- As a long-time supporter of community accountability. I think it's a grat idea to ask people to apologize and take responsibility for the harm they put into the world, intentionally or not. Vrsides (talk) 21:42, 31 March 2015 (UTC)
- I like this idea a lot. Finding ways to give people step-by-step habits for trying to make amends after they've been uncivil should help make it easier form him to do so in other domains of life. As part of the process, I'd love to see more preventative education given to users to definie what civil and uncivil comments look like, and how to determine whether they're going to risk some consequence by crossing the lines they know are there. DrMel (talk) 23:33, 31 March 2015 (UTC)
- Builds a fair and equitable community Phyllisfoxworth (talk) 01:32, 1 April 2015 (UTC)
- Comment I saw a woman blocked recently for emailing an arbitrator. Should she have to promise never to email an arbitrator again before she is allowed to edit? I've made extended remarks on the talk page. —Neotarf (talk) 23:26, 1 April 2015 (UTC)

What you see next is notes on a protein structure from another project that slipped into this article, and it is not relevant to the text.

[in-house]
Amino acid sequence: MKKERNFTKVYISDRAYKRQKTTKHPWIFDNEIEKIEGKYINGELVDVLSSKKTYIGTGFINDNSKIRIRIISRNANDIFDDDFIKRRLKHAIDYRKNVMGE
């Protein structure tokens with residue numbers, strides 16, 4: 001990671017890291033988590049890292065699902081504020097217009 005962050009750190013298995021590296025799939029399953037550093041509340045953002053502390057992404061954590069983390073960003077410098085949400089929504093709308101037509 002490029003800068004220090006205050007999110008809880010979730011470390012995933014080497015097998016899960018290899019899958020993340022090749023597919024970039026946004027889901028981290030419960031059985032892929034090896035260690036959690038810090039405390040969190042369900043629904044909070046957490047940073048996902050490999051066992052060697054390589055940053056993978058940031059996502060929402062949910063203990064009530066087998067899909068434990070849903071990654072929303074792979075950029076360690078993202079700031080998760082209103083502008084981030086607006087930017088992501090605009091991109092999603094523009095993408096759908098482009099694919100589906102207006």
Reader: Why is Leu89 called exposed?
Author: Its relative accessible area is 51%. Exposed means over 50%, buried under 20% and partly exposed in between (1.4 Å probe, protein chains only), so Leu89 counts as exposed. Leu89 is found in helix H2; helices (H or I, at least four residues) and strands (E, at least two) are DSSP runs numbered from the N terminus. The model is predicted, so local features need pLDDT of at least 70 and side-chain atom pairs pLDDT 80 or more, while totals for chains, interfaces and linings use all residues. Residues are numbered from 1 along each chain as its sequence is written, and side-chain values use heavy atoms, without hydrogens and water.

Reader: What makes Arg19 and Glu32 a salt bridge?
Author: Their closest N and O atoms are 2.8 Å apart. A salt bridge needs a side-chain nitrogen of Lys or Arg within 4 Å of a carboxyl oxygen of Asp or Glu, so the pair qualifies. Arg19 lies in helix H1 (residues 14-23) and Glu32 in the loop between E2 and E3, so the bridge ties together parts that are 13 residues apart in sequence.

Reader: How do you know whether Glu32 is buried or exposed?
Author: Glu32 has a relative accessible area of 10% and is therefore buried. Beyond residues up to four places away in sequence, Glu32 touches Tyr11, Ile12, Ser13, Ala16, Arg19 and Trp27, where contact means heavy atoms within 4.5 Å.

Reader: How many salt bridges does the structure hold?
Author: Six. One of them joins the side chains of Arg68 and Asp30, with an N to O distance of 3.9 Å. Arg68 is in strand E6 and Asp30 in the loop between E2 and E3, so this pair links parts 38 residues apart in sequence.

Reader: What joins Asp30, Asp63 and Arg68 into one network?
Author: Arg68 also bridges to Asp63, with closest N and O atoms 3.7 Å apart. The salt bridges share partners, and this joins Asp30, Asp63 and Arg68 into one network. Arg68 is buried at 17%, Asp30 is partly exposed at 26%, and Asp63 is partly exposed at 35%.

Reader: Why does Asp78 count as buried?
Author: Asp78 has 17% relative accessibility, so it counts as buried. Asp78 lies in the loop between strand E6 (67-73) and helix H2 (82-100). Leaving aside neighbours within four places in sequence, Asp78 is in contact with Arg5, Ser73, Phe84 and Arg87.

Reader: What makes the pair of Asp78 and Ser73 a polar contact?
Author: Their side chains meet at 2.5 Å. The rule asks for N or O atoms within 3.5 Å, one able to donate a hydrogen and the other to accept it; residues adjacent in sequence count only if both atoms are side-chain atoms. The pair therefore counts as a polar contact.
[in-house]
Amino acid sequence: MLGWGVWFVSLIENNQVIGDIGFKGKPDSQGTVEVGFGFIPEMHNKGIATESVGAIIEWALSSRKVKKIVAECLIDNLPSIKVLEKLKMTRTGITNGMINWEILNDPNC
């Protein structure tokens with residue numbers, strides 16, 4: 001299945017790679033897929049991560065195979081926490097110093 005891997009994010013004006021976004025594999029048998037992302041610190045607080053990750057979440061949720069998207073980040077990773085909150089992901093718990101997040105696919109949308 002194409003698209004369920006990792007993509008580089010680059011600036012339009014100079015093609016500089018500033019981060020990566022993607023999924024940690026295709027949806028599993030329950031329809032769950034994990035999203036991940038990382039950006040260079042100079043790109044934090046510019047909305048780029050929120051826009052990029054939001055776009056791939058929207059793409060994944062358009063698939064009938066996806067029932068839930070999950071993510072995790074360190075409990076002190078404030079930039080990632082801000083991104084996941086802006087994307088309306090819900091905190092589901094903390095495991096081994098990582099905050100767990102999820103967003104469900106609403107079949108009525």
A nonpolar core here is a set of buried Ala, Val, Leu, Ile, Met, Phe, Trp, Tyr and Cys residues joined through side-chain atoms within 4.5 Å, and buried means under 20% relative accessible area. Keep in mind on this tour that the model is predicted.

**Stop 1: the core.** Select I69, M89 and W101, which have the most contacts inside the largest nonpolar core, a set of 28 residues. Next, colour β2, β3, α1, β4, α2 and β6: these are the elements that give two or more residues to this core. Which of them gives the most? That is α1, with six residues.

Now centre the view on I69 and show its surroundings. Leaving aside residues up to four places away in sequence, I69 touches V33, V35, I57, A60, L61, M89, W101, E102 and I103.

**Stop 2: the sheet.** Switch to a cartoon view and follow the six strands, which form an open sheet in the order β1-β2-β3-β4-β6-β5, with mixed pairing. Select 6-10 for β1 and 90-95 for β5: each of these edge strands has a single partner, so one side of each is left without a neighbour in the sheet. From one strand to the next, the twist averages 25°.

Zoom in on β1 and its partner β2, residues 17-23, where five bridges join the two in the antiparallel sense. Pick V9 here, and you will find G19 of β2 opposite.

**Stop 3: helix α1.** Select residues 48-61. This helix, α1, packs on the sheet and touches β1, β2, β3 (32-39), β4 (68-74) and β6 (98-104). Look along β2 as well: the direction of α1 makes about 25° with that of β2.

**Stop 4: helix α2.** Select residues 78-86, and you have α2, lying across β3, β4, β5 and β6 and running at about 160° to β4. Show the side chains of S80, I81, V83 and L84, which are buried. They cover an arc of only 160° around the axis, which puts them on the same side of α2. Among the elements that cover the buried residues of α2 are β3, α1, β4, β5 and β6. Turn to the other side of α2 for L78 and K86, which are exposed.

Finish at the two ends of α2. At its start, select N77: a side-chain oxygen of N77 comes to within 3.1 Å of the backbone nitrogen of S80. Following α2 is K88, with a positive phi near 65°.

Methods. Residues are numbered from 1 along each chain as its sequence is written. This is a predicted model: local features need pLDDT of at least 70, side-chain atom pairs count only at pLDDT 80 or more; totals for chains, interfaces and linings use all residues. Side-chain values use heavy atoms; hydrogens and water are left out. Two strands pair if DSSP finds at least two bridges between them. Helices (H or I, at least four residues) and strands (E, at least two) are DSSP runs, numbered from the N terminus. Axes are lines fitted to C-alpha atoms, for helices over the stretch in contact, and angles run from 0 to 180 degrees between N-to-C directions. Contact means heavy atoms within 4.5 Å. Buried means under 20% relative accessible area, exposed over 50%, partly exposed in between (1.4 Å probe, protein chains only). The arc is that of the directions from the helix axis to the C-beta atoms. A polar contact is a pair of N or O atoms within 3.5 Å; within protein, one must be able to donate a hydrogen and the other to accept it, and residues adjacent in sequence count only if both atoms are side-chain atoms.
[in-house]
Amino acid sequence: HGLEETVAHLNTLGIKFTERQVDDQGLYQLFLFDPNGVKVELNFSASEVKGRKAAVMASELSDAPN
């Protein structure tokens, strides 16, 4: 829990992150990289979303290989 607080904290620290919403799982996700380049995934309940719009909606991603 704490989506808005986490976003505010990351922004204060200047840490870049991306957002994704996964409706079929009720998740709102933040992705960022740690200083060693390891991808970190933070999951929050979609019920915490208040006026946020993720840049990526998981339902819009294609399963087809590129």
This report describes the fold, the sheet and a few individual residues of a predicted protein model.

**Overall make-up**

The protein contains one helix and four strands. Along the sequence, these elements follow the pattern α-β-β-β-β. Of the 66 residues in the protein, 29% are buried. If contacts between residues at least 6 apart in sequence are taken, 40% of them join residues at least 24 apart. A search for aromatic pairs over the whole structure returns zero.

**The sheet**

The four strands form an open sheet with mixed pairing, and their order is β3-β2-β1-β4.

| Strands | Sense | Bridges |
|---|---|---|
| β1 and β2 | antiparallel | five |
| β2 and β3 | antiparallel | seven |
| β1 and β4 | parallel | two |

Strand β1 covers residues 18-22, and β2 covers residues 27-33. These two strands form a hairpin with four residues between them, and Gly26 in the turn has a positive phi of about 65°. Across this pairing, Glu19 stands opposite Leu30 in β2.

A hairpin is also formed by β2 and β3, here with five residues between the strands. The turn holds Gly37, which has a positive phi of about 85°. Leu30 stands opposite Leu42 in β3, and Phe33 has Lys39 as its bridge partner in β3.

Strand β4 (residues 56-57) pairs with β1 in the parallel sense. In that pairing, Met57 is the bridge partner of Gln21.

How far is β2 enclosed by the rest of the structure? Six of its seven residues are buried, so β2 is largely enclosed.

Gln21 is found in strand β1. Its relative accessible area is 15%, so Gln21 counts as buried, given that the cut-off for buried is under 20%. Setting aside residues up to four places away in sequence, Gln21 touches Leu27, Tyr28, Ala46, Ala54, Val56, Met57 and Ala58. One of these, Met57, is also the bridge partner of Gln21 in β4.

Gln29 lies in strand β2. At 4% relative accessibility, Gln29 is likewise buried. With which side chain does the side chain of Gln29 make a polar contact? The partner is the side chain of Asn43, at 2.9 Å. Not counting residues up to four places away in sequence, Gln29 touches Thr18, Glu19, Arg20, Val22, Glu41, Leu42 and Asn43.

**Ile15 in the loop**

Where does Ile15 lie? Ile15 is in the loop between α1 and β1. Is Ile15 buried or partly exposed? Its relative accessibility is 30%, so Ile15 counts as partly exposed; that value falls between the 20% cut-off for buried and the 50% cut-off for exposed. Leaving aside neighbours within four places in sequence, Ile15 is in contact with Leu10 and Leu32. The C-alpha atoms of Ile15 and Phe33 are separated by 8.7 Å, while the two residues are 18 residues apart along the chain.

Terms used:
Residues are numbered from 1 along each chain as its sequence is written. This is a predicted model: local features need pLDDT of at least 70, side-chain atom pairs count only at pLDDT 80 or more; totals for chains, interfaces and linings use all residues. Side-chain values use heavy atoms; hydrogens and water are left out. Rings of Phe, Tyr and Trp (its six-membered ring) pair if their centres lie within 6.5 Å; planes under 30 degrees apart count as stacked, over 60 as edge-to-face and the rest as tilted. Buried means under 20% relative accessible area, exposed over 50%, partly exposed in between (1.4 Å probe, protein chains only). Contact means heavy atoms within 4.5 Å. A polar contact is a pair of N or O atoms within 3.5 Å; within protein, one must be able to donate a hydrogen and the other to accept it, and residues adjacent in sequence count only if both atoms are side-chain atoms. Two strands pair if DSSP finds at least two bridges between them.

- Good idea, would be great to see it becoming part of our practice. I am not sure that this should apply only for conflicts between male and female users, as it would be nice to introduce such practice also to conflicts between male and between female users (although it would be weird for male users to send flowers to each other). Otherwise it would be a good practice — NickK (talk) 00:00, 3 April 2015 (UTC)
- Sounds like it might help. I think the apology should appear on the offender's user or talk page. Frederika Eilers (talk) 23:47, 21 May 2015 (UTC)
Expand your ideaEdit
Do you want to submit your idea for funding from the Wikimedia Foundation?